I just finished reading Michael Pollan's book on plants, The Botany of Desire, and there's notes all over it saying "what if? what if?" because non-fiction can really spark ideas. I read Robert Kaplan's Warrior Politics, and some of the ideas there led directly to a story that will be coming out in Asimov's in January [2003] called "The War on Treemon."

Your premise in Beggars in Spain about people who don't sleep is fascinating. But is this just a literary conceit, like faster-than-light travel, or could you talk about the scientific basis for it?

Let me start with the emotional basis. I need nine hours of sleep a night, and I bitterly resent it. I'm jealous of those people who get by on five or six hours. I wrote out of sheer jealousy.

Way back in the late '70s, I wrote a story about people who don't sleep, and it was rejected by every magazine in the business, and by Robert Silverberg twice, because he had changed editorial seats in the meantime. So I retired it. FIve years later, I tried it again, and that time the story was so bad I didn't send it out. And then in 1990 [the novella version of] Beggars in Spain is actually the first thing I wrote after I went full-time as a writer. It came together for me, but it took that long to ferment in my hindbrain.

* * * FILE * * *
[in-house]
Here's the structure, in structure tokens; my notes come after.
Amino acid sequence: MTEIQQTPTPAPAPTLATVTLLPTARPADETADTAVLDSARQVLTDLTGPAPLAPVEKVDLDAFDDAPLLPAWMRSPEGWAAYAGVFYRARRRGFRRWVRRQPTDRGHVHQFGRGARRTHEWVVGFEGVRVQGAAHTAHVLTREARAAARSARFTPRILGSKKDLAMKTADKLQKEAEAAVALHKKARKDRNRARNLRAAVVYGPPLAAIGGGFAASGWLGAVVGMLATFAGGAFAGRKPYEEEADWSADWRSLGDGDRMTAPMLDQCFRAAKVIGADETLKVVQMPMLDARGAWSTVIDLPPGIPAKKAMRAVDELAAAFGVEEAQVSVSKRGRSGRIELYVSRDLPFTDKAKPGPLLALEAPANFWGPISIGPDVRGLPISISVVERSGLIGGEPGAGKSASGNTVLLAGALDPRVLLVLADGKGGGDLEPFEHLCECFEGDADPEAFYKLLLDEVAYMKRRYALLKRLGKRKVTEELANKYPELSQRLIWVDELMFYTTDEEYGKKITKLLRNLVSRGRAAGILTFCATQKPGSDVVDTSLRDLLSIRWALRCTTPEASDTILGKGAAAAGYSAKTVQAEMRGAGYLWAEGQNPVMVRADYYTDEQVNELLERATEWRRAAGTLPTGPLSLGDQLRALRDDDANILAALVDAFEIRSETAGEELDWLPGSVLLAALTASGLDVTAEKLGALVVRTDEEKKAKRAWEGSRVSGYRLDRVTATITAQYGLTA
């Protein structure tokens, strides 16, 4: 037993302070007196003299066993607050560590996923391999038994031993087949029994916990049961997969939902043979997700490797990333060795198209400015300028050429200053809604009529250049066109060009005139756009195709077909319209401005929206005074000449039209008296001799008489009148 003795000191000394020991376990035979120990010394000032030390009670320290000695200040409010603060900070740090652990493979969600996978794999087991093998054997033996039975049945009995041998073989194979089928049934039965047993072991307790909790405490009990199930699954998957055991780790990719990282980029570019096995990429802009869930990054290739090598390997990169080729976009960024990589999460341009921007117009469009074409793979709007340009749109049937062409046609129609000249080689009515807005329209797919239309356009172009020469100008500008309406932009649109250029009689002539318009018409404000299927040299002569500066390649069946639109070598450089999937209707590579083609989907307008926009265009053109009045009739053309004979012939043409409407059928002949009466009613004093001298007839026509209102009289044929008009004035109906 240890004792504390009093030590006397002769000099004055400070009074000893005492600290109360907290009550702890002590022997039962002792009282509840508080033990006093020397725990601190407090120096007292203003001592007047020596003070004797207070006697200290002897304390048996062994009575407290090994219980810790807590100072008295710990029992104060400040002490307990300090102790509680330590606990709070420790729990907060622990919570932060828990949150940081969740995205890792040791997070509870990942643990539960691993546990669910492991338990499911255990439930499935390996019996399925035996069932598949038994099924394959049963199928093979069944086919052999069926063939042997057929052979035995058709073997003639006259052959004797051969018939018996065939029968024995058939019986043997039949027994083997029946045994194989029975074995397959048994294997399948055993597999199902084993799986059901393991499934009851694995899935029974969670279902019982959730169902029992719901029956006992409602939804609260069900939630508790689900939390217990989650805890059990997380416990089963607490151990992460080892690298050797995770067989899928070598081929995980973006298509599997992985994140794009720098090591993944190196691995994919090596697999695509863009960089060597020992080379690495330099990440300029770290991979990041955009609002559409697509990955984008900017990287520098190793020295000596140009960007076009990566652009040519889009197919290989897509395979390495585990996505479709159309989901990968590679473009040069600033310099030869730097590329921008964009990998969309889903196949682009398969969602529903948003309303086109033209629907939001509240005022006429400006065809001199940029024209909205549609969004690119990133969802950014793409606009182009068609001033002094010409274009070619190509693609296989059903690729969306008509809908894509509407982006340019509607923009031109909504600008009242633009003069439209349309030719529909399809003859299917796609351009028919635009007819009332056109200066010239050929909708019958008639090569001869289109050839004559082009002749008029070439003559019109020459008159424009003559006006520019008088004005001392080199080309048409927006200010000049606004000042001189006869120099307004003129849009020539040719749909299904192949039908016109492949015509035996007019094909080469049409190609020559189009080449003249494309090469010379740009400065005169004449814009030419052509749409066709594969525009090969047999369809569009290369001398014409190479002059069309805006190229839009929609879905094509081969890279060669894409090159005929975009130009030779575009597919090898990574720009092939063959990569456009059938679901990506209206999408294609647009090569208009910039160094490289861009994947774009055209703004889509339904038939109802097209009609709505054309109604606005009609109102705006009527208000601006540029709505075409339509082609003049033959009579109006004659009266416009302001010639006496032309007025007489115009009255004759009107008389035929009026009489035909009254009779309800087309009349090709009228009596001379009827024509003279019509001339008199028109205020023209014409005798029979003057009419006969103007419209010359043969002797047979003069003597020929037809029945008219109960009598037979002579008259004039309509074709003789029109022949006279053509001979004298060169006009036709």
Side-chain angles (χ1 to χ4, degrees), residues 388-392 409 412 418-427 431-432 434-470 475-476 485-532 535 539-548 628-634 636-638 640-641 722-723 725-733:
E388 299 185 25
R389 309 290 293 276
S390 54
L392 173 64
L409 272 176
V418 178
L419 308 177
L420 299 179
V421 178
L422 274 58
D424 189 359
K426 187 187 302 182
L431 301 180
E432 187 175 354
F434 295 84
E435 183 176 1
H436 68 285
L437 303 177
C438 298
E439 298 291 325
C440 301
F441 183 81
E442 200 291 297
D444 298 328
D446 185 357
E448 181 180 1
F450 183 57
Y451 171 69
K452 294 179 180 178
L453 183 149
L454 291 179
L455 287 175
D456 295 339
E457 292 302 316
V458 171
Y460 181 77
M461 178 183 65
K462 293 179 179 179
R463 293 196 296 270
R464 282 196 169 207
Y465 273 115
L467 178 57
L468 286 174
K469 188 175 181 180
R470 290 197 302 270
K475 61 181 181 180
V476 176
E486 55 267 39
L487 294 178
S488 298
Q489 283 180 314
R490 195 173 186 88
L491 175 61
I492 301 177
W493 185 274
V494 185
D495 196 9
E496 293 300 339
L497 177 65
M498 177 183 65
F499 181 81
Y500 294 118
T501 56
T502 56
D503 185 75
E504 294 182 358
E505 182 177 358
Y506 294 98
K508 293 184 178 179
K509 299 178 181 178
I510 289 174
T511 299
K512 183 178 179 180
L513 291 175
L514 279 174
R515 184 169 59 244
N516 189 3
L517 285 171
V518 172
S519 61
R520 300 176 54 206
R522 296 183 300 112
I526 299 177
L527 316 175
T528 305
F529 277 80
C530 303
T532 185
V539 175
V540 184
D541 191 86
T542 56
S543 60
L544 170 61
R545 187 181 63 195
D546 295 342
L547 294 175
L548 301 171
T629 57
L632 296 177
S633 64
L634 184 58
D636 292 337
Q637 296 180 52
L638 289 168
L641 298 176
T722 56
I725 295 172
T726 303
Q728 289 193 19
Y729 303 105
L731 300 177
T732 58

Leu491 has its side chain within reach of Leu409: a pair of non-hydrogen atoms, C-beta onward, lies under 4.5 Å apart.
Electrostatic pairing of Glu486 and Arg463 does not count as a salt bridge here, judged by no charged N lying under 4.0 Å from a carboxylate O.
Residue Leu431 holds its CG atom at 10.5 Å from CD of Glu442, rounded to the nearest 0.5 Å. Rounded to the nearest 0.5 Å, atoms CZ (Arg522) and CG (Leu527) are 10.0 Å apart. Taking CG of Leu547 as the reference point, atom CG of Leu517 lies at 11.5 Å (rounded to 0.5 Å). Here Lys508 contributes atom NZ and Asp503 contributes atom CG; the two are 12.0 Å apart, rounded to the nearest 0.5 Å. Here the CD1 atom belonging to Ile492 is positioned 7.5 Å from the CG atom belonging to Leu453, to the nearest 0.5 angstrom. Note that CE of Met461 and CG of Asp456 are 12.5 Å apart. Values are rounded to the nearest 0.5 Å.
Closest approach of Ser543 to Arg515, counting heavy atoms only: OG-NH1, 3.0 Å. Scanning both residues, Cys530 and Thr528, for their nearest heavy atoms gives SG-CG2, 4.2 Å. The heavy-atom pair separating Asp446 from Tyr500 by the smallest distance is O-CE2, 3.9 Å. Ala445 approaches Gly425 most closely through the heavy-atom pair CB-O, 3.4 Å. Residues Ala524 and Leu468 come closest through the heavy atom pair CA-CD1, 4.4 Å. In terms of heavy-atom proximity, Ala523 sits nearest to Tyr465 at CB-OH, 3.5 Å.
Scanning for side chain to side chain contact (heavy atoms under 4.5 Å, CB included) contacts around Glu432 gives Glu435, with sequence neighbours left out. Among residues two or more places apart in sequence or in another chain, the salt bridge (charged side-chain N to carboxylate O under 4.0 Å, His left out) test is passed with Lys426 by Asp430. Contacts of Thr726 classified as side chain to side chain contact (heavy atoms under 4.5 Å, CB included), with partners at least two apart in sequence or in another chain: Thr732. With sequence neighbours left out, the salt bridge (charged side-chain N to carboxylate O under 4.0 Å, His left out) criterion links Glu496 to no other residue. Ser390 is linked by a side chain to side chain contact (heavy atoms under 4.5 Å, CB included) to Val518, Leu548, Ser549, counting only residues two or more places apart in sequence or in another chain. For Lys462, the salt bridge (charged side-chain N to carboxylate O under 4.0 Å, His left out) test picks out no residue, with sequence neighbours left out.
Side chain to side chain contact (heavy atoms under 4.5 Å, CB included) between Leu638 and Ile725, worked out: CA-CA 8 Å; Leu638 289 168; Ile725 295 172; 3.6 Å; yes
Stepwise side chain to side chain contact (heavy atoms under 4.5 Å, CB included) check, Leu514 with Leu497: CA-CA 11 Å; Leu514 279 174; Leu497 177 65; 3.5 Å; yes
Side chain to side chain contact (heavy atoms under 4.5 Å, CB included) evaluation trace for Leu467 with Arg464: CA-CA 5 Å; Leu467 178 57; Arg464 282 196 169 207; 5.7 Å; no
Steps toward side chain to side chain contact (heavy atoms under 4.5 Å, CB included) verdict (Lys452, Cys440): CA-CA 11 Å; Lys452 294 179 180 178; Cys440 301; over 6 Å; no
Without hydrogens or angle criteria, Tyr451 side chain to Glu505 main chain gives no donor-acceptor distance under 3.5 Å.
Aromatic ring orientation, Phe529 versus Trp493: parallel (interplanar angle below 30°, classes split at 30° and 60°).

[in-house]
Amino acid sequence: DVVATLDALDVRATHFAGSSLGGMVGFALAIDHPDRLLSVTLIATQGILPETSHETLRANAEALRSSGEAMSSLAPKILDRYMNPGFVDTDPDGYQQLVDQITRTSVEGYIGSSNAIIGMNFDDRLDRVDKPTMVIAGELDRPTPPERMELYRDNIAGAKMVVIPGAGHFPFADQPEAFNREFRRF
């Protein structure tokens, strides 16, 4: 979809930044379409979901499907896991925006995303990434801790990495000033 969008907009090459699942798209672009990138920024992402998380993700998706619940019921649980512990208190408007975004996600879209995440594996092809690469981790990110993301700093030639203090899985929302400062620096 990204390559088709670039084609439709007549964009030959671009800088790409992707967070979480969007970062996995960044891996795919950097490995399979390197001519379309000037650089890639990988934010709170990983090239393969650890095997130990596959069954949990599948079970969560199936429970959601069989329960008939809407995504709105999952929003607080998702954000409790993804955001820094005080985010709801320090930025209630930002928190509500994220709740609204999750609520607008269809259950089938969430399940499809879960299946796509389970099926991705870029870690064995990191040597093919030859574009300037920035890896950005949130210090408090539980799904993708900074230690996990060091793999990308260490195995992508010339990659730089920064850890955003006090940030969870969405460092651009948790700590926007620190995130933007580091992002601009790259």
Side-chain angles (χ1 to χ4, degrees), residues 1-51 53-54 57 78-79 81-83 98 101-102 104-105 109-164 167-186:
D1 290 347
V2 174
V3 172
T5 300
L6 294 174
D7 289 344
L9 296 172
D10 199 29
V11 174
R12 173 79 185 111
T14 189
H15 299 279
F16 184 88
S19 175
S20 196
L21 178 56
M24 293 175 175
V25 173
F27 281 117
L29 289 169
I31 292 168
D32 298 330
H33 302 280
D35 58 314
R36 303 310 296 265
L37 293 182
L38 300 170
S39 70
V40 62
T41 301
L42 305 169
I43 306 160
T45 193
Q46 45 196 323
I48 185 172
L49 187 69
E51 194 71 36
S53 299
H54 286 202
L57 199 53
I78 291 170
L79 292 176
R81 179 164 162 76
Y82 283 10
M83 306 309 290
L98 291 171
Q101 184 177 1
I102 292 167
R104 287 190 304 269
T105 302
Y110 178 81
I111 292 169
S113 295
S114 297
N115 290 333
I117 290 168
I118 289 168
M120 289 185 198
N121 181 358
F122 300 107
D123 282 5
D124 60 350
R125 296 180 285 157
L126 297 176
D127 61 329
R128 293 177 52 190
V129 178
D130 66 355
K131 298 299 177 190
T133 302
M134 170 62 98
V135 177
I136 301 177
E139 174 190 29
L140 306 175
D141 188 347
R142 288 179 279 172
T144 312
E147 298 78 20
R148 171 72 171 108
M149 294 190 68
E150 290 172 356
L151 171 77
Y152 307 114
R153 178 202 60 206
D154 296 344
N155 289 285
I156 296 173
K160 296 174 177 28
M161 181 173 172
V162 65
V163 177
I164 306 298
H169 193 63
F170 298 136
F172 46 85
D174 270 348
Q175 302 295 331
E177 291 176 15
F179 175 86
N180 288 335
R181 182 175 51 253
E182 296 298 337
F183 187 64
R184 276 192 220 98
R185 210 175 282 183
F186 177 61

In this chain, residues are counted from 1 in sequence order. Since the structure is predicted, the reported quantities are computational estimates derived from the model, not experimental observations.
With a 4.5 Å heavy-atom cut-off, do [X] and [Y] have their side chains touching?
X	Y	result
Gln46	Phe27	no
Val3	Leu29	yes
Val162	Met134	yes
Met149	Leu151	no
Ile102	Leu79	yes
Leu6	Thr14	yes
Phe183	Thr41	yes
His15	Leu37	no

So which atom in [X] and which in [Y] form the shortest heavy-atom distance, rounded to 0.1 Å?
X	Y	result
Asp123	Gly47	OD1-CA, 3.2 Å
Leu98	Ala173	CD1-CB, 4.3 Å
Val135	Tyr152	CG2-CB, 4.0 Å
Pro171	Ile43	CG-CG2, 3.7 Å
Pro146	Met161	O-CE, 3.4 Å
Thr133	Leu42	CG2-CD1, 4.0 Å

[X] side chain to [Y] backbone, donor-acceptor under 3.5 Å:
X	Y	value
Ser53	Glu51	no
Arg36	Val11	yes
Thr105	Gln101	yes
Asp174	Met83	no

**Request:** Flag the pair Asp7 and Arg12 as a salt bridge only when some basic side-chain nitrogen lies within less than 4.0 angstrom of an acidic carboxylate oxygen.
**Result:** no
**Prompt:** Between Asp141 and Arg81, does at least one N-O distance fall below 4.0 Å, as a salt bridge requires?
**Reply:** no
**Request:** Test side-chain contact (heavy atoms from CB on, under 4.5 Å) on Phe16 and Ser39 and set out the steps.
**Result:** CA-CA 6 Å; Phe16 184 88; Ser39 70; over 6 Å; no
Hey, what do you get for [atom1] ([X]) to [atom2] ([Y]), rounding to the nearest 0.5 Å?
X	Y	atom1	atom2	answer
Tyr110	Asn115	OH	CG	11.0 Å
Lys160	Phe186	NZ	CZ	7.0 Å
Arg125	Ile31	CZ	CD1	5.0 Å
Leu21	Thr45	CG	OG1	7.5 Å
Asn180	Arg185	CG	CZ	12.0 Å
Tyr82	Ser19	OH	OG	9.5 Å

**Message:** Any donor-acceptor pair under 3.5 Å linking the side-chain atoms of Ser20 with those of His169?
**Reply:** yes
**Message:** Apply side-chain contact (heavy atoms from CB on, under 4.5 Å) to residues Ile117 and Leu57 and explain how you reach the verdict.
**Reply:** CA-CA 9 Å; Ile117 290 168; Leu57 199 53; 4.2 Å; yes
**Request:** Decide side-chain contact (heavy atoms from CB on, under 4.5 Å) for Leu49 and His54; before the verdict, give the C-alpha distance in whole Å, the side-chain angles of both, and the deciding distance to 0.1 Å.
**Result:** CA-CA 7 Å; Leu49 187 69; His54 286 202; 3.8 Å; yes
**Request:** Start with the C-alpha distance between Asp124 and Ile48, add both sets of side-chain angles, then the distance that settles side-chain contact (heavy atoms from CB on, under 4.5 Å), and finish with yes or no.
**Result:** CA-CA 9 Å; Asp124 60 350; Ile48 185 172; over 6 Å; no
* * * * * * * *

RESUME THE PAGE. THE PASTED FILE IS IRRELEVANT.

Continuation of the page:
We don't really know why we need sleep. One thing I did is read various theories of sleep, and I picked the one best suited to my needs. So there is some story behind it, but it's a big stretch. It's not like the carefully-researched plausible science that I had, say, in my novel Stinger. But there is some there.

That isn't saying it's about sleep. In fact, it's less about the science of not sleeping than it is about the sociological questions of having a superior group. What's really interested me is what happens if you have, even in a modest sense, supermen among us.

I've really enjoyed your articles in Writer's Digest, and your book Beginnings, Middles, and Ends [1993]. Of all the tips and techniques you've recommended over the years, what would you say is the most important element in creating a great story?

Character. Henry James said, "Character is plot," and I believe him. Because if you have a character that you know, and that is interesting to you, then how that character responds to the situation you've set up grows out of his character, and what he does in turn becomes the plot.